Exchange Traded Funds (ETF) and mutual funds may both be viable choices for investors. The differences and similarities in these two investment vehicles are many. Knowing the goal of the client will help you decide which one to use and when.
Both offer flexibility, diversification, and the potential to provide positive returns over a long period of time. But there are differences that need to be considered. ETFs are bought and sold during the trading day, similar to the manner in which equities are traded. Because of the way ETFs trade, the price at which any particular order is executed may be higher or lower than the NAV of the underlying asset, (similar to a closed-end mutual fund). Traditional mutual funds are traded once a day, but the actual trade doesn’t occur until after the markets close. Therefore, the investor knows that his transaction will occur at the fund’s actual net asset value, (after adjustment for any applicable fees or charges, as described in the fund’s prospects). ETFs tend to represent indexes – entire markets or market segments. The managers of these passively managed ETFs do very little trading of securities in the ETF, which may help to keep internal expenses low.
ETFs appear to have an annual ongoing cost advantage over mutual funds. According to Investopedia, the average stock fund charges an advertised fee of 1.3-1.5 percent. In comparison, many exchange-traded funds are less costly than mutual fund. According to the Wall Street Journal, ETFs boast an average expense ratio of 0.44 percent, which all things being equal, could potentially keep more money in your client’s pocket.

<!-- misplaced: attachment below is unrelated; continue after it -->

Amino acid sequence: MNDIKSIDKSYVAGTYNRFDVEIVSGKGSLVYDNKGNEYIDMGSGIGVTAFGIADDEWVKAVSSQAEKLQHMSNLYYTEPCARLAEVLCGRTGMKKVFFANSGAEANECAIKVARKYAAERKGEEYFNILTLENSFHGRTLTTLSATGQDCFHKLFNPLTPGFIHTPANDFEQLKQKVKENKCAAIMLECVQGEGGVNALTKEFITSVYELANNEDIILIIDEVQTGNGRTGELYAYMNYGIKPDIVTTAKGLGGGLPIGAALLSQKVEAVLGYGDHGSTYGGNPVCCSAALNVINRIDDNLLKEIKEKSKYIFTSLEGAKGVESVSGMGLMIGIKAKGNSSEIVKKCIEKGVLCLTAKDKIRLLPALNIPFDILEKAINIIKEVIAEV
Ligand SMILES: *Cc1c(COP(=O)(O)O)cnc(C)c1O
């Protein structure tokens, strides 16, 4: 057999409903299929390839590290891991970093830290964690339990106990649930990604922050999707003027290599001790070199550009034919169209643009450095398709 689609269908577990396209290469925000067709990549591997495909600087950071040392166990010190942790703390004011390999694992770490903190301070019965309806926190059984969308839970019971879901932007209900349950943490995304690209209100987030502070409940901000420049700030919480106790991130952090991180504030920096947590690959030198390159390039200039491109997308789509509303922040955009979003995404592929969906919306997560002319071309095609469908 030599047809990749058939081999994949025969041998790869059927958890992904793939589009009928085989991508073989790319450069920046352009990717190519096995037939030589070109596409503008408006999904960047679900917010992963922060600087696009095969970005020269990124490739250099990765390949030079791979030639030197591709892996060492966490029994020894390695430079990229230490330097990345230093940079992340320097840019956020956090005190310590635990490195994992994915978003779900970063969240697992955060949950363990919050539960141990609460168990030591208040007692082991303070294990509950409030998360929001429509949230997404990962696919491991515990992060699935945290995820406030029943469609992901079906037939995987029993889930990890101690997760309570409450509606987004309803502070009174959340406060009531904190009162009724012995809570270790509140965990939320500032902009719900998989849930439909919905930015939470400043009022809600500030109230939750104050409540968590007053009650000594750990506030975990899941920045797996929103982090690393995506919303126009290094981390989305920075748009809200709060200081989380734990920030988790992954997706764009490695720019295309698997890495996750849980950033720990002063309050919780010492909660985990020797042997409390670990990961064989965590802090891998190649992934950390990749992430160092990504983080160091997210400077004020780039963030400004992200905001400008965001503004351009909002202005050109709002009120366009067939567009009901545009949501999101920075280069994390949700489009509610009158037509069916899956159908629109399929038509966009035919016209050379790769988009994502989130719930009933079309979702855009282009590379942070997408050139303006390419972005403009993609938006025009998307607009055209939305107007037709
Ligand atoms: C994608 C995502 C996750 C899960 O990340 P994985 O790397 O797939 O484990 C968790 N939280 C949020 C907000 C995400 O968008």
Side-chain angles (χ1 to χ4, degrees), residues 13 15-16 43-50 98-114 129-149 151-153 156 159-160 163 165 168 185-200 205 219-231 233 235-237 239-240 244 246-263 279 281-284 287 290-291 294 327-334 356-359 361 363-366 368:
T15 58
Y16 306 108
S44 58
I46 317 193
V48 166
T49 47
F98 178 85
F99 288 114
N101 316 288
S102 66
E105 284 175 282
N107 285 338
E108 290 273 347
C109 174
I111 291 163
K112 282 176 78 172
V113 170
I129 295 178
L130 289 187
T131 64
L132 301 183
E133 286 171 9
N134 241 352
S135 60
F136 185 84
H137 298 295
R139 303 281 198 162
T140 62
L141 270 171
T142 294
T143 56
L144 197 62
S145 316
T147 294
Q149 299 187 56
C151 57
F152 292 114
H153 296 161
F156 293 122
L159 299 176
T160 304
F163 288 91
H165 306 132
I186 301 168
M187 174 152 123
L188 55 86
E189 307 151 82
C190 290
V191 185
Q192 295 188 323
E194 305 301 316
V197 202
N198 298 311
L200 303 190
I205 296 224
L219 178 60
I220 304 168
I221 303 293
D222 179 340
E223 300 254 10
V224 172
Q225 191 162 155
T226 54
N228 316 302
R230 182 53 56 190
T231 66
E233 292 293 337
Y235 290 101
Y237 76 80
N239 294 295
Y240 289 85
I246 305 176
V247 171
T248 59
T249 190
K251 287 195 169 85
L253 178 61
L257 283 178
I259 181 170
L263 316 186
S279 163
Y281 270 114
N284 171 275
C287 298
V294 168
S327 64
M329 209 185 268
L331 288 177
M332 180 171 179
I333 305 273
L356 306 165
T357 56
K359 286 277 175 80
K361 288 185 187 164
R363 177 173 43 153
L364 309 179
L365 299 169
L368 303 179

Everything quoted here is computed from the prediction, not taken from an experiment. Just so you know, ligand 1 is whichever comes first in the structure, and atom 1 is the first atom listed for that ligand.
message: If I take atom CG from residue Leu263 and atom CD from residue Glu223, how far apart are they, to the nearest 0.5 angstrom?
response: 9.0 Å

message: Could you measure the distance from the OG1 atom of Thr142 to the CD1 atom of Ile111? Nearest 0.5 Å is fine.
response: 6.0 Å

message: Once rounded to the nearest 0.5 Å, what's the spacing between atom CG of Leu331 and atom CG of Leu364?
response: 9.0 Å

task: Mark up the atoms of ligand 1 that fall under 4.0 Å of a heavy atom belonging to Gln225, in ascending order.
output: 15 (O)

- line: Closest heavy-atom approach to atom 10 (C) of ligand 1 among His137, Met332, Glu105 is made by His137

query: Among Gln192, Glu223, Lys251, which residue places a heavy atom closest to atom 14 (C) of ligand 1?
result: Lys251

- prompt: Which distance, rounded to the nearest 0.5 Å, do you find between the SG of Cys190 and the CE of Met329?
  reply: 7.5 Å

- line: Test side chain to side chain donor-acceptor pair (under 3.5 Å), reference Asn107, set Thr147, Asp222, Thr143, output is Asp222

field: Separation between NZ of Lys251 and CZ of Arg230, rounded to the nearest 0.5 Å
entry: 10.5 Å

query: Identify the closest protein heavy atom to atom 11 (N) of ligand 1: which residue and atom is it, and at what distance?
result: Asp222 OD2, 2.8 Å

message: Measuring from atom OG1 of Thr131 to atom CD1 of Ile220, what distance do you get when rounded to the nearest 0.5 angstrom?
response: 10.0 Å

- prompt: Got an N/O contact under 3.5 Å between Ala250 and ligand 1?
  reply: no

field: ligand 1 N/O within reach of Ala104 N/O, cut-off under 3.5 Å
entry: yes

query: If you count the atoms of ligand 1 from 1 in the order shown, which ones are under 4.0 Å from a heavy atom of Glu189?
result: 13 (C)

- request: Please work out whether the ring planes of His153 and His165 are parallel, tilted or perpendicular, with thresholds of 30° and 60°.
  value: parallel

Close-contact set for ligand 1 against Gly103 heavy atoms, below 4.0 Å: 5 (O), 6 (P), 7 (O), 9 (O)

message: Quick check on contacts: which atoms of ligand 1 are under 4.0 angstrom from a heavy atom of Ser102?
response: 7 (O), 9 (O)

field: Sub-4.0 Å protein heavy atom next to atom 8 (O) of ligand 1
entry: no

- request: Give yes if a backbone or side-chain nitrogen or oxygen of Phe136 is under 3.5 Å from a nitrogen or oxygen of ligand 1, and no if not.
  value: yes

Regarding the cost to your clients of purchasing ETFs versus Mutual Funds, the cost structure can differ dramatically. Loaded mutual funds have various share classes which can include upfront and/or back-end sales charges. However, most no-load mutual funds do not have these sales charges. ETFs on the other hand, don’t have sales charges, but do have a bid/ask spread. The “ask” (or “offer”) is the market price at which an ETF can be bought, and the “bid” is the market price at which the same ETF can be sold. The difference between these two prices is commonly known as the bid/ask spread. You can think of it as a transaction cost similar to commissions or sales charge except that the spread is built into the market price and is paid on each roundtrip purchase and sale. So, the larger the spread and the more frequently you trade, the more relevant this cost becomes.
Because of their typically low portfolio turnover and the way they are structured, some ETFs have the potential to offer greater tax advantages to investors over mutual funds because they may generate a lower level of capital gains. As passively managed portfolios, ETFs (and index funds) tend to realize fewer capital gains than actively managed mutual funds. Investors should know that ETFs clients will still owe taxes on the distributions of dividends or interest income that an ETF receives and passes through to investors. They also will face capital gains taxes when selling, regardless of whether the fund is an ETF or index mutual fund.
With so many ETFs and mutual funds available on the market, it’s important for independent financial advisors and investors to familiarize themselves with the differences between the products to ensure they are making appropriate investment decisions. Summit Brokerage’s Marketing Department and Trading Desk can help advisors sort through these investment vehicles to develop the best strategies for your clients.